conducted in less than an hour while tending a sidewalk garden on Precita Street

number of passersby –18

number of those under 40 with ears unplugged –1

number of those who said good morning –4

number who did so without a prompt– 1

approx. percentage of passersby with dogs –70 %

approx. percentage of those with big, strapping dogs –40 %

number of unpleasant surprises related to above found in planting –1

number of the ways I am relieved –countless

number of delivery trucks that arrived –5

number of which were UPS –3

percentage of which double-parked even if there was a space –100 %

number of available parking spaces –1 for three minutes

number of toddlers –3

percentage of toddlers suspicious of muddy gardener –100 %

percentage of toddlers justifiably suspicious –indeterminate


When Jennifer was eleven in boarding school, she and an older girl were very affectionate with each other. The made a booklet they called their kiss catalogue: there was the Butterfly (done with the eye lash) the Airplane (landing and takeoff) the Eskimo (nose to nose.) The school burned down, and the catalogue was alas, lost to history. Who knows what other varieties were listed. The Snail. The Sponge. The Spelunker.


San Francisco public libraries. I bow to the many who created our libraries with all their services and all their beauty. I venerate the tree that produces so much ripe fruit. Every little branch is great.

The Mission branch is as dear as a family member. I order books, they appear on the shelf by the door. Check-out is a breeze. I always remember my PIN.

Books. I palm their heft. Mine for three weeks. The library sends you an electronic notice just before they’re due. Isn’t that thoughtful? And when they are overdue, the fine is what, 10 cents a day?

I dive into books by people I never heard of. They are free to be masterpieces. They are free to be duds. I look at picture books of Elizabeth Taylor. I nibble on Kafka’s Collected Works and take a lick of Proust. I get a 6-CD set of Pema Chodron that I listen to in my truck as I’m driving so I don’t call other drivers dumb #*!#heads. At least not as often.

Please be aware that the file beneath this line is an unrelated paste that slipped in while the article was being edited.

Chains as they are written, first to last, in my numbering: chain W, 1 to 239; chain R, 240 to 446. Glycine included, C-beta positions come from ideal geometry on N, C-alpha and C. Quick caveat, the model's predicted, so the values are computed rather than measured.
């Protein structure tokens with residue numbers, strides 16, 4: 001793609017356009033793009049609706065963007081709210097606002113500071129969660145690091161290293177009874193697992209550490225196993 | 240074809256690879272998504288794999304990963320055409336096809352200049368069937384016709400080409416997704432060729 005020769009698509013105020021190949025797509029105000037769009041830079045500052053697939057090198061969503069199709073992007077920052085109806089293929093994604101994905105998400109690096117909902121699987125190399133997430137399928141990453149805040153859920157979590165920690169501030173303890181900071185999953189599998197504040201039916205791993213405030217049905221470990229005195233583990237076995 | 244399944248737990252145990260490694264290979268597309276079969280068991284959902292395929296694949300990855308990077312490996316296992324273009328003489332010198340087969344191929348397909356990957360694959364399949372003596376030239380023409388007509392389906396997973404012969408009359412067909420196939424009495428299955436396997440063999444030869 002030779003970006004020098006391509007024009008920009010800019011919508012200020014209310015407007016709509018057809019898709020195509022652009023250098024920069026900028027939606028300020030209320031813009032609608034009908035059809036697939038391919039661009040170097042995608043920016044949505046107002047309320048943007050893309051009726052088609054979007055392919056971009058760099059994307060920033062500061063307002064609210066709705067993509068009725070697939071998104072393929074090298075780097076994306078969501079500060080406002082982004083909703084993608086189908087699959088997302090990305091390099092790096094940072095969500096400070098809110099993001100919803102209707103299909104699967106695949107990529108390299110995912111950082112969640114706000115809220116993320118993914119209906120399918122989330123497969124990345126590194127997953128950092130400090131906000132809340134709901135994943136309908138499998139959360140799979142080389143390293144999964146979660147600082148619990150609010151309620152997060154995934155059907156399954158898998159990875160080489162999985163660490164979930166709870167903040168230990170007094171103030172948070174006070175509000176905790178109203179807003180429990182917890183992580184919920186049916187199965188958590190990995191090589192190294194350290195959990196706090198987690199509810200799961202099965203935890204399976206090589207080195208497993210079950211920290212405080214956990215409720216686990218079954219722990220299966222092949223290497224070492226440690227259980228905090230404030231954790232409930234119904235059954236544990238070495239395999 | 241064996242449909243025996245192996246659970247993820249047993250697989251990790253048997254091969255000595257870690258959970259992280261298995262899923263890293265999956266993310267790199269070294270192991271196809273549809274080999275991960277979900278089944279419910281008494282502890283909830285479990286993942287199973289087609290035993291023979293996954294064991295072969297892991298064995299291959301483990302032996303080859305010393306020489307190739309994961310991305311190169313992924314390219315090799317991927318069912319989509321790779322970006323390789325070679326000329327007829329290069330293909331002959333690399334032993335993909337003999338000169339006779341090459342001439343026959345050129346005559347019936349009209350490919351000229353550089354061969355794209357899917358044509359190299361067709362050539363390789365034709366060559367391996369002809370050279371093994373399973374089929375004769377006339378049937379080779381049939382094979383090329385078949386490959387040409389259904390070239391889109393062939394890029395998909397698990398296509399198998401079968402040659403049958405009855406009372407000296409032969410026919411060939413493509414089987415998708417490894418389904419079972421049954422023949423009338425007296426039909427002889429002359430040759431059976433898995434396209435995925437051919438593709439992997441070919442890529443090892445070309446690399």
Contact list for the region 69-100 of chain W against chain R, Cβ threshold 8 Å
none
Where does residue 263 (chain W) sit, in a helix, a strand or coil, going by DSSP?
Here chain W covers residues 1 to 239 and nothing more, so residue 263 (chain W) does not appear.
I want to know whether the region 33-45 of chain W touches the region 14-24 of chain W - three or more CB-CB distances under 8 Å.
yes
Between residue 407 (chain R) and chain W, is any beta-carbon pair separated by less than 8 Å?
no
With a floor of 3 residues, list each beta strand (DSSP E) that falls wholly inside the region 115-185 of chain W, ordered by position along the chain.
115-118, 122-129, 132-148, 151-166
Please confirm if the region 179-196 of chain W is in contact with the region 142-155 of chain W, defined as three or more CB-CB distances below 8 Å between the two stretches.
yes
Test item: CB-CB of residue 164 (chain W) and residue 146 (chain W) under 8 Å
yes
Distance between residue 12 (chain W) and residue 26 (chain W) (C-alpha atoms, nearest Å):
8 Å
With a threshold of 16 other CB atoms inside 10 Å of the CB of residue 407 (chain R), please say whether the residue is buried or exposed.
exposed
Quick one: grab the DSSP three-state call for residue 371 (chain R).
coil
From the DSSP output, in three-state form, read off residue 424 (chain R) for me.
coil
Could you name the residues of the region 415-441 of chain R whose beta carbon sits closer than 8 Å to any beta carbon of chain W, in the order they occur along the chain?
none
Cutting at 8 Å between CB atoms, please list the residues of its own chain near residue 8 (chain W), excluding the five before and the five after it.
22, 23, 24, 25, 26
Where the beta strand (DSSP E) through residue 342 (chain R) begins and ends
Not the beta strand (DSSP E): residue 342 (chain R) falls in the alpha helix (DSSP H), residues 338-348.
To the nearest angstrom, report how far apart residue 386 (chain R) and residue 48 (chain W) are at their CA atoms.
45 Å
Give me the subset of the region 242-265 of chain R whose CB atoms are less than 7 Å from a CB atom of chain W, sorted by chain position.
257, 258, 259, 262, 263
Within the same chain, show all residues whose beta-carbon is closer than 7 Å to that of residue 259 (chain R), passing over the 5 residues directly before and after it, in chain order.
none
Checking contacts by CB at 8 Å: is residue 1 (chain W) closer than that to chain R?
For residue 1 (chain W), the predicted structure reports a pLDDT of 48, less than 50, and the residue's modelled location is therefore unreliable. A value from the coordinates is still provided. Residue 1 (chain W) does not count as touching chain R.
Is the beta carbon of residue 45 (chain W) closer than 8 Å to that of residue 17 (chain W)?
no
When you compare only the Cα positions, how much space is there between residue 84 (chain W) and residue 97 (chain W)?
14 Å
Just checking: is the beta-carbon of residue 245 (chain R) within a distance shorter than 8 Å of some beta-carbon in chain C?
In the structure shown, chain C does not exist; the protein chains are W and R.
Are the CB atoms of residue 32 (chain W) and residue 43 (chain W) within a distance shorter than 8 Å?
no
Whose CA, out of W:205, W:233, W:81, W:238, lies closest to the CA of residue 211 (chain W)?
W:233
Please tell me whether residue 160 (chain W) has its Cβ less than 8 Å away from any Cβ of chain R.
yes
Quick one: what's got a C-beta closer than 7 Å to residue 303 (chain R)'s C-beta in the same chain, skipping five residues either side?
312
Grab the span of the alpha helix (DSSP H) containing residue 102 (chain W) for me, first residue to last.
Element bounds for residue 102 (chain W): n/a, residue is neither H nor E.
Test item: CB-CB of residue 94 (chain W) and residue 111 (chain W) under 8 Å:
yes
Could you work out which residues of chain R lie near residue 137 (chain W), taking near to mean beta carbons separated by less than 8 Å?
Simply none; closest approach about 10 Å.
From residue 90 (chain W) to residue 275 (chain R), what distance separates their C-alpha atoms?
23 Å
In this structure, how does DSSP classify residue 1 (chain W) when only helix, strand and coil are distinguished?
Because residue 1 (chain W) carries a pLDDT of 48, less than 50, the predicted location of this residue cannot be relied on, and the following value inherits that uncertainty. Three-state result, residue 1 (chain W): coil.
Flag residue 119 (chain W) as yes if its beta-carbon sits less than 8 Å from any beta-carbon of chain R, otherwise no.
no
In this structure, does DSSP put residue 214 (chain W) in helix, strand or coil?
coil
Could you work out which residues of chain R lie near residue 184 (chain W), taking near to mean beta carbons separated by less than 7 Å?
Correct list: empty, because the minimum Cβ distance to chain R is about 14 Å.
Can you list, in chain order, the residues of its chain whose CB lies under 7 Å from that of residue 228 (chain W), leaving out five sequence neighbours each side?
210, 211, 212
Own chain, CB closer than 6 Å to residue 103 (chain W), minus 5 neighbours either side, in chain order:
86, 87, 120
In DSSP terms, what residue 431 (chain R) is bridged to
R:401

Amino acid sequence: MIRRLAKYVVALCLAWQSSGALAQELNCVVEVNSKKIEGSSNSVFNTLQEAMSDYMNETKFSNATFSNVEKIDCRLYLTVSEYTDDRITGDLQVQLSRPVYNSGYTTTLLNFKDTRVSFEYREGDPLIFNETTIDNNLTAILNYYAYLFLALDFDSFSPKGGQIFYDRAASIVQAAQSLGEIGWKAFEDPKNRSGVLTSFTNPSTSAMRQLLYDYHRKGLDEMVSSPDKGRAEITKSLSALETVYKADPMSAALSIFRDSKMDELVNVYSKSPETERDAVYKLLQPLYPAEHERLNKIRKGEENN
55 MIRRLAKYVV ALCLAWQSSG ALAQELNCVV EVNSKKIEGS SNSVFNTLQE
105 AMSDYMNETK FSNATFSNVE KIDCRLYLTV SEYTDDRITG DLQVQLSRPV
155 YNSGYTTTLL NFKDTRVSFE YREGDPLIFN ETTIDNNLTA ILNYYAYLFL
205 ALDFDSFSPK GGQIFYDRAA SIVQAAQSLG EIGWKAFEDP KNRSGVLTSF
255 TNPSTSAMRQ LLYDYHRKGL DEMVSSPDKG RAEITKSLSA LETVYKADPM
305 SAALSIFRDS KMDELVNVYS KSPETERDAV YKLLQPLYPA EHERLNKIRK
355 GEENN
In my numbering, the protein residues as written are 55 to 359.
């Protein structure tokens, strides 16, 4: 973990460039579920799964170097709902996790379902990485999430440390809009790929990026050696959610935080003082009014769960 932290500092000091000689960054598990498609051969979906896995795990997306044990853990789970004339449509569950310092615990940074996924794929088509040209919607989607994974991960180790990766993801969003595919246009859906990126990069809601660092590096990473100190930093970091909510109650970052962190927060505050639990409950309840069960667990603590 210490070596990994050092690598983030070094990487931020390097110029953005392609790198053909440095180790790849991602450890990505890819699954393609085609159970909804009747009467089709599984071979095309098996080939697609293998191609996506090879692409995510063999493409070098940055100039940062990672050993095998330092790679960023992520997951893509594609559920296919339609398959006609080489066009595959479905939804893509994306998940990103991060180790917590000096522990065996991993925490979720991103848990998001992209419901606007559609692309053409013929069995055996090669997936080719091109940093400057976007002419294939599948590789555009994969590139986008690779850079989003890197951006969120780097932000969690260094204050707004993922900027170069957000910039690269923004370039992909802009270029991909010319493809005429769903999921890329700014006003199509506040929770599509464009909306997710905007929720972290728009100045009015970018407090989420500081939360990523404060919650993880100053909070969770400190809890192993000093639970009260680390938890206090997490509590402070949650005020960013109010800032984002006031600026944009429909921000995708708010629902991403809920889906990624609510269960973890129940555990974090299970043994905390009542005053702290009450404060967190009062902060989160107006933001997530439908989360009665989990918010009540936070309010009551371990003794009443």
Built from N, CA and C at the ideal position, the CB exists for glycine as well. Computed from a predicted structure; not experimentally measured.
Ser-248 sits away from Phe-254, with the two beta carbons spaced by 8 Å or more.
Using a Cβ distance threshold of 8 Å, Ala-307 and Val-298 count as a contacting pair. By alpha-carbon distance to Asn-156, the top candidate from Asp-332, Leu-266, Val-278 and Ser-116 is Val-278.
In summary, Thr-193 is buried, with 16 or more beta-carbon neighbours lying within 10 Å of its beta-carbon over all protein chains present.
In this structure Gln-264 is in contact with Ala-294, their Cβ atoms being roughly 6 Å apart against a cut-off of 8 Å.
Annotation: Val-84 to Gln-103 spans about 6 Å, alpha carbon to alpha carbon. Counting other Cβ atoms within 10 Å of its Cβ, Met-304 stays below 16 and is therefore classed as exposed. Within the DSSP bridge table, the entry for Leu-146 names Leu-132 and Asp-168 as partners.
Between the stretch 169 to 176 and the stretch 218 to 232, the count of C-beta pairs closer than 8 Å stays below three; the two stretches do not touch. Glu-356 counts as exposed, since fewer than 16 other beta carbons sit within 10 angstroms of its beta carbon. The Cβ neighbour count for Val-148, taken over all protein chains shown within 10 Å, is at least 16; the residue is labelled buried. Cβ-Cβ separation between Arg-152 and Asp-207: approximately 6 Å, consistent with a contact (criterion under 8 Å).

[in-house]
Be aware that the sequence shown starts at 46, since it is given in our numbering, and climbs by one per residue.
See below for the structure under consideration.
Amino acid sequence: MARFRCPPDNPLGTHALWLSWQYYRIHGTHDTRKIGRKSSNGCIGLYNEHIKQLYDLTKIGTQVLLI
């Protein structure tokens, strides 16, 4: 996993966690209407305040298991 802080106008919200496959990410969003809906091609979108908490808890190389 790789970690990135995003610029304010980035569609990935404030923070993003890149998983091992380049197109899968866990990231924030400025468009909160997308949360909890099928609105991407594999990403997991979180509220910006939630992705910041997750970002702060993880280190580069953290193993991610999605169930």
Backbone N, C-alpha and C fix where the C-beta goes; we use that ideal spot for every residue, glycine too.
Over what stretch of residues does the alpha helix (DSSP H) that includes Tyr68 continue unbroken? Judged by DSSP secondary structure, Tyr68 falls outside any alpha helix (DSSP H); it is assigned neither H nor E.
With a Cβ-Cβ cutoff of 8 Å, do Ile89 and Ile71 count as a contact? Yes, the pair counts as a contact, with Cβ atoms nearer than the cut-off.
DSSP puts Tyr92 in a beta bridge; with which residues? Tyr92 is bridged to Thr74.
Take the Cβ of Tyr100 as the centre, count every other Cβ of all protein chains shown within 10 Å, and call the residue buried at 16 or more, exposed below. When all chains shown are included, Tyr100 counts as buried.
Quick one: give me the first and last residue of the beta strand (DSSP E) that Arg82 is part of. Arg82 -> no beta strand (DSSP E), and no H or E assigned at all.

Beneficent library, acme of civilization, I hope you know how much you are appreciated.


A side trip…


Now I understand the dog that attacked my rake. I had no idea my rake was so noisy, its tines a tinny tintinnabulation. Geez even the leaves I am raking are noisy. This is going to change my whole relationship to pruning.

My second day with hearing aids. I got them so that you, dear reader, will not have to honk down my ear canal in order to be heard. What’s that you say? Right, that I’ll get used to them, that the clever old brain will adjust and I’ll stop hearing what sounds like a hailstorm of ball bearings. What about the jackhammer or that big truck tweeting ear-piercing back-up farts? Will I stop hearing them too? Really? From your lips to God’s good ear.


This morning I was raking ginkgo leaves when the heavens, a gray lid leaking a deceptively dry rain, opened and an angel sashayed forth in quite a bit of splendor. The angel, in a unisex leotard, alit on the branch of the rubber tree and bent down. I was, quite humanly, all astonishment but the angel beckoned so I approached. Like a magician’s trick, a gold medal appeared in the angel’s hand. Inscribed on the medal was the letter Q. “This is for you,” the angel said handing it over. Before I could admit my confusion, the angel said, “We in the celestial ranks acknowledge that you have just raked your quintillionth leaf.”